December 6, 2023 Coverage and Posts, CSA

The Globe: Visiting professor debuts original opera

Visiting professor debuts original opera

Content warning: racism and xenophobia


From racism and immigration difficulties to estrangement and misguidance, One-Log Bridge contains many situations that audience members can choose to connect to. A story of acceptance and belonging is at the core of the opera.


This opera follows the story of Yan, a first-generation immigrant trying to navigate her way through graduate school and the immigration process to find her sense of belonging. Yan is portrayed by Amanda Sun, a current musical theater student at Point Park, who shares some of the same struggles that Yan goes through in the performance.


One-Log Bridge is the creation of Yan Pang, a visiting assistant professor for Point Park University. Experiences that Pang had being raised in China and coming to America have been added to the show. A few alterations that Pang and Sun experienced during the COVID-19 pandemic are included as well. To add even more personality into the opera, Yan Pang’s father Jin Pang plays the erhu, a folk instrument that is traditionally heard in Chinese operas.

Amanda Sun (left) and Braden Stroppel (right) rehearsing Jason Noer’s choreography for the number “Paper Dance” for One-Log Bridge.

This is not your normal opera. One-Log Bridge was originally a play that was adapted into an opera with the help of David Walsh, director of Opera Theater at the University of Minnesota School of Music, where Pang had received her doctorate degree in music composition with a minor in theater arts and dance. Traditional Chinese opera and music are fused with 90s hip-hop music and dancing, choreographed by Jason Noer, simulating the shock factor of being in a new country and being thrown into a completely different culture. The 90s music and dance represents the American Pop culture the student is being introduced to in the piece.


Pang’s purpose was to share the Chinese-American immigration experience with the community. Sharing these stories allows for more understanding of one’s culture and one’s experiences, and Pittsburgh has always been an ideal place for artists to share their unique cultures with the rest of the community.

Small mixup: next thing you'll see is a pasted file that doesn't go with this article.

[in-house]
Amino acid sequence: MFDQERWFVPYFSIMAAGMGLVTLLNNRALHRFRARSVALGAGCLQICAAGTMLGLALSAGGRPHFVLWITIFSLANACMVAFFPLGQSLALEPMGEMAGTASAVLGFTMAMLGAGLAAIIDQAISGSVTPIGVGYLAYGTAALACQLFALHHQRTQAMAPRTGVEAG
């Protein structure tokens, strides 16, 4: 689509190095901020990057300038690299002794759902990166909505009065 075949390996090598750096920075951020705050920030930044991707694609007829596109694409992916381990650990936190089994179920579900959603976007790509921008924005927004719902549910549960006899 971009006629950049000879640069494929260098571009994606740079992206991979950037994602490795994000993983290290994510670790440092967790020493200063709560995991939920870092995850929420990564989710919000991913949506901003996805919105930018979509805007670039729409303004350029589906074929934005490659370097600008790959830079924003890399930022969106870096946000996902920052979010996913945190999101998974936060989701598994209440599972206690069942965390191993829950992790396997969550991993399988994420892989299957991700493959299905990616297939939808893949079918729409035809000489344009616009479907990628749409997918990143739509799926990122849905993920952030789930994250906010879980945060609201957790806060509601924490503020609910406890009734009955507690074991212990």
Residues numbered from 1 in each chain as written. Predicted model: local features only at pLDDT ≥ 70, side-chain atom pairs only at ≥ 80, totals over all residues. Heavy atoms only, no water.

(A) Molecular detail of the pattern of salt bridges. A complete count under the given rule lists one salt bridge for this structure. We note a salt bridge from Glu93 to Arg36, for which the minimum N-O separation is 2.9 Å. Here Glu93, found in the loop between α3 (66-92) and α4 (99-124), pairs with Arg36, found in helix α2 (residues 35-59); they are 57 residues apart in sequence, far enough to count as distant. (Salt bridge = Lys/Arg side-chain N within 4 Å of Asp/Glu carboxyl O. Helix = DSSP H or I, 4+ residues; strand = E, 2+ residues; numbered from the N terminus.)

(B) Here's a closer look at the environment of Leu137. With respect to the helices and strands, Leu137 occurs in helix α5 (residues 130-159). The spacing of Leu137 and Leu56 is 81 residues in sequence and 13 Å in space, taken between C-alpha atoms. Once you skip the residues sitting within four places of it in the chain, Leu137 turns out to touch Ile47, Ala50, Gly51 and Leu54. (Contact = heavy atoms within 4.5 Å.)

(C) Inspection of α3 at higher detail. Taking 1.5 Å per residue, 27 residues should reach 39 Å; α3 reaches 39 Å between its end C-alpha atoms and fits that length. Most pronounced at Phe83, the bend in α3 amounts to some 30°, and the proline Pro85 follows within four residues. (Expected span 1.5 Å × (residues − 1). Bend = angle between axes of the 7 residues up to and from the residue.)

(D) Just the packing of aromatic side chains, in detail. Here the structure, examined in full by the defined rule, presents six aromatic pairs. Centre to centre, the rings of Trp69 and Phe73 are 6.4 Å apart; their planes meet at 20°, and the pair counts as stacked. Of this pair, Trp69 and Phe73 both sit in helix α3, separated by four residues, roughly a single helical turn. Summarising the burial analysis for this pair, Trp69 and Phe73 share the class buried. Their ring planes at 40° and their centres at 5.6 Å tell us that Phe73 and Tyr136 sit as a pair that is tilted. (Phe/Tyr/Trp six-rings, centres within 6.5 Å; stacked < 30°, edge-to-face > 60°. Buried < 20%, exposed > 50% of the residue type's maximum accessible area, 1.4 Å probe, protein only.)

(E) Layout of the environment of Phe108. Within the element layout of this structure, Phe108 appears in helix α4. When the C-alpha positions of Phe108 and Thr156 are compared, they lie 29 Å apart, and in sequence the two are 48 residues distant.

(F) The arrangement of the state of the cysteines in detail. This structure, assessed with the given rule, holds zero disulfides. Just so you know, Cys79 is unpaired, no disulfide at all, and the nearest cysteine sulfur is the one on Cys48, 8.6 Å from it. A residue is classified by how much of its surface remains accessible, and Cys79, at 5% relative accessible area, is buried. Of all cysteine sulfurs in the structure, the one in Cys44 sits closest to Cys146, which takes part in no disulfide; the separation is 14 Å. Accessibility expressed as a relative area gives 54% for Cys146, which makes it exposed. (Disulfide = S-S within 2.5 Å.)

“At Point Park, I found the opportunity to work with musical theater students and immerse myself with all the amazing singers, actors and all of the human resources,” said Yan Pang when asked what attracted her to Pittsburgh.


The Pittsburgh arts community is rich with people who share the same passion as Pang to connect with each other and share their stories through creativity and artistic and musical expression.


Yan Pang and Amanda Sun both had inspirational and insightful advice for first-generation students who are undergoing the same hardships as the characters in One-Lodge Bridge. For someone who is struggling with displacement and loneliness, Pang wanted students to know that


“With the right people and the right community, they will find their sense of belonging because there will be people like them no matter how small that group is,” Sun, a student herself, said.


Sun also included the importance of a support system, especially whenever hardships get too overwhelming. Having the support of a found family or friend group provides the backbone for a difficult transition from a person’s native home to an entirely new way of living.


One-Log Bridge by Yan Pang is a part of the 2023-2024 Community Supported Art Performance Series at the New Hazlett Theater in the Northside. The opera will be performed on December 7 at 8 PM and December 8 at 10 AM and 8 PM.

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